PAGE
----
Session ales have lower alcohol content than IPAs because they ferment faster and use fewer hops, leaving less residual sugar after fermentation. American-style India Pale Ales are 6%-7% ABV, while session ales are 4%-5%.
Calorie Content in Session Ales and IPAs:
Calorie content also varies widely depending on several factors, including alcohol content and any adjuncts added during production processes, such as fruit juices or syrups, etc.
Session ales have fewer calories than India Pale Ales, which can have 100 to 150 calories per 12oz serving, depending on brand, recipe, etc.
Popular Examples of American-Style Session Ales & IPAs
American-style session ales and IPAs are characterized by their light body, low alcohol content, and balanced hop character. Founders All Day IPA, Sierra Nevada Pale Ale, Bell’s Two Hearted Ale, Lagunitas DayTime IPA, and Oskar Blues Dale’s Pale Ale are popular.
These crisp beers with citrus or pine notes are refreshing and bitter enough for craft beer fans.
Popular Examples of European-Style Session Ales & IPAs
European-style session ales and IPAs are more malt-forward than their American counterparts. They also use Saaz and Hallertau hops for aroma and flavour complexity.
Fuller’s London Pride Extra Special Bitter (ESB), Schneider Weisse Tap 7 Unser Original Hefeweizenbier Helles Lagerbier, Gaffel Kölsch Beer from Cologne, Germany, Stiegl Goldbräu Lager from Austria, and La Trappe Tripel from The Netherlands are famous examples.
FAQs in Relation to Session Ale vs Ipa
Is a session ale an IPA?
No, a session ale is not an IPA. Session ales are lower in alcohol content than IPAs and typically have more balanced hop flavors. They also tend to be lighter in body and color compared to IPAs.
Session ales are brewed to allow people to enjoy multiple beers over a more extended time without becoming overly intoxicated. IPAs, on the other hand, is brewed with higher alcohol content and more intense hop flavors. They are also typically darker in color and fuller-bodied.
What is a session ale?
A session ale is a beer with a lower alcohol content than most other beers, usually ranging from 3-5% ABV. It is designed to be enjoyed over an extended period without becoming overly intoxicating.
Session ales are light in body and flavor, with subtle hop character and malt sweetness. They can come in many styles, such as pale ales, IPAs, lagers, and stouts. The low alcohol content makes them perfect for enjoying multiple pints while remaining alert and socializing with friends or family.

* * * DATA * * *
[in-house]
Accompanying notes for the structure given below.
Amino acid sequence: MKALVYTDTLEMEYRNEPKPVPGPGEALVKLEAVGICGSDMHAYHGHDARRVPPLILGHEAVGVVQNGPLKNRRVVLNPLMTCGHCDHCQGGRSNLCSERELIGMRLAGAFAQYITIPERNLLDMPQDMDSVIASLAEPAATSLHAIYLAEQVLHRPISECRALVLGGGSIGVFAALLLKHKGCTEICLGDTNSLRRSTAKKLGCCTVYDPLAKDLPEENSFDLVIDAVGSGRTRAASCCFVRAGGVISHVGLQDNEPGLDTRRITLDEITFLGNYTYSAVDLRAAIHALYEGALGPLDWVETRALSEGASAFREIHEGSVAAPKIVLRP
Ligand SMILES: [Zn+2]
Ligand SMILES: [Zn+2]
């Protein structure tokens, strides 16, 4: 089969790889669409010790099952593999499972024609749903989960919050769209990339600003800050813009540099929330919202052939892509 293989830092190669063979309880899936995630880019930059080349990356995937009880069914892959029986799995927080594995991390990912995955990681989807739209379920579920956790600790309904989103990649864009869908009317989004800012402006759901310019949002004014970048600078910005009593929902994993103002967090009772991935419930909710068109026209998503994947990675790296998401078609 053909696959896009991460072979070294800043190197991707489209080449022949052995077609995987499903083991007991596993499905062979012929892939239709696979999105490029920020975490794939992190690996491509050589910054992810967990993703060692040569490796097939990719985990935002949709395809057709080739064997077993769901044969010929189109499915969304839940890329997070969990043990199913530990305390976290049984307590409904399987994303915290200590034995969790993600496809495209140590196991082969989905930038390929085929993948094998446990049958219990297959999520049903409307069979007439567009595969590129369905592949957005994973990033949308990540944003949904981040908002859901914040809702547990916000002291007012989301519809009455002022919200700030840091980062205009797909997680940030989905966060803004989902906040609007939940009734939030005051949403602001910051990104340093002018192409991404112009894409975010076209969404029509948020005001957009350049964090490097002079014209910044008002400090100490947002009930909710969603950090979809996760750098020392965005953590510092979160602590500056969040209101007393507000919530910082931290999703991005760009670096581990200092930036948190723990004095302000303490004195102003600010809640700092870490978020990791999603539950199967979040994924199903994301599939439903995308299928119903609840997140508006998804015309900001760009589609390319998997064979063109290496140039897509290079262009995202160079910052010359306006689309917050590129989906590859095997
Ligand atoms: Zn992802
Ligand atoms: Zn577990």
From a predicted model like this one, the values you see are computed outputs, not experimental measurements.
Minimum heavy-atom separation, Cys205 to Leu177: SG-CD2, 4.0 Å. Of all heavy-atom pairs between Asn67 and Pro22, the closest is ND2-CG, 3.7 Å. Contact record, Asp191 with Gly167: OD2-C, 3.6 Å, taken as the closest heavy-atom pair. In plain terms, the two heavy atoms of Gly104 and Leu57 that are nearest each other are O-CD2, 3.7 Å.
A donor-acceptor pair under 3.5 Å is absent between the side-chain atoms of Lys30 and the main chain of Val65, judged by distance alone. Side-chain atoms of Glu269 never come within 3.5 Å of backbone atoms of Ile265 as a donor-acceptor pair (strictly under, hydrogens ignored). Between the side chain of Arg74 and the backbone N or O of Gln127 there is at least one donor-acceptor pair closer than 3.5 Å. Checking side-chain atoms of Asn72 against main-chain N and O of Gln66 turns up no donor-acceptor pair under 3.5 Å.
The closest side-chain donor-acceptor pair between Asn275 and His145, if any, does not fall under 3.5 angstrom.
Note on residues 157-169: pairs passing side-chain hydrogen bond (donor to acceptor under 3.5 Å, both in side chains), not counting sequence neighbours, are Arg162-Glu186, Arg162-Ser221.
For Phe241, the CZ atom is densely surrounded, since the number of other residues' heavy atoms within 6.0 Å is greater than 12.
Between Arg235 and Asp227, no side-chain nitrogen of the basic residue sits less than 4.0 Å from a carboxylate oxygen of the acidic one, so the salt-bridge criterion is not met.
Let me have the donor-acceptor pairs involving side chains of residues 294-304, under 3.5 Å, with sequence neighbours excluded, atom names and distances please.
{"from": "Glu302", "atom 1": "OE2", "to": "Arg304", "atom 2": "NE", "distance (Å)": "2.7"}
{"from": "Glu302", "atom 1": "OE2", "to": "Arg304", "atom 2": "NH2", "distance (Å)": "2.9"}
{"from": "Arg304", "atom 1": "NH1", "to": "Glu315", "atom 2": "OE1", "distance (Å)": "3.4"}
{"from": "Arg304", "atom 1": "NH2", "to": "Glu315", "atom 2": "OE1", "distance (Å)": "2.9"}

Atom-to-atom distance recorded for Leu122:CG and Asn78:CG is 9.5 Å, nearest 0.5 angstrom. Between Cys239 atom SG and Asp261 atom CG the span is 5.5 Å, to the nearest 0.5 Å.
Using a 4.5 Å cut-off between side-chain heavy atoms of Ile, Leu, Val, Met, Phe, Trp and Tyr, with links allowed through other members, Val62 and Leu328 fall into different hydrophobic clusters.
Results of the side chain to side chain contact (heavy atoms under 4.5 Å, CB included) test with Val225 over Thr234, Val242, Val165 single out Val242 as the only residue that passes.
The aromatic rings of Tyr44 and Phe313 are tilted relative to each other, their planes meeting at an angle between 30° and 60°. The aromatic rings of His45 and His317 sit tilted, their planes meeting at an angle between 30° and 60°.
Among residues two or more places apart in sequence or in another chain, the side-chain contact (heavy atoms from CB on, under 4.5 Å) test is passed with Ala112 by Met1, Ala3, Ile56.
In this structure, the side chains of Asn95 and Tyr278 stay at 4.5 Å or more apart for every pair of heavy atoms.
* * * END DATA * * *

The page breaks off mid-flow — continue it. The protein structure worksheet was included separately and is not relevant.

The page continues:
What makes a beer a session IPA?
Session IPAs are a beer with a lower alcohol content than regular IPAs, typically between 3.5-5% ABV. They tend to be lighter in body and color but still retain the hop character of an IPA.
Session IPAs have less bitterness and are more drinkable than traditional IPAs, making them ideal for drinking multiple beers without getting drunk. The flavor profile is usually characterized by citrusy notes from hops and some malt sweetness to balance out the taste.
Why is it called a session IPA?
Session IPAs are a beer with a lower alcohol content than regular IPAs, usually around 4-5% ABV. It makes drinking easier for more extended periods without becoming too intoxicated.
They also have milder hop flavours and aromas, making them more sessionable for craft beer drinkers who may not be used to traditional IPAs. Session IPAs offer a great drinking experience with fewer calories and alcohol than other IPAs.
In conclusion, session ale and IPA beers have many similarities and differences. From their history to the brewing process, ingredients used, taste, color, alcohol content, and calorie content – there is much to consider when comparing these two types of beer. Famous examples of session ales and IPAs worldwide vary in flavor profiles, but all offer unique experiences for craft beer enthusiasts. Whether you are looking for something light or full-bodied with more intense flavors, it’s worth exploring both session ales and IPAs to find out which suits your palate best!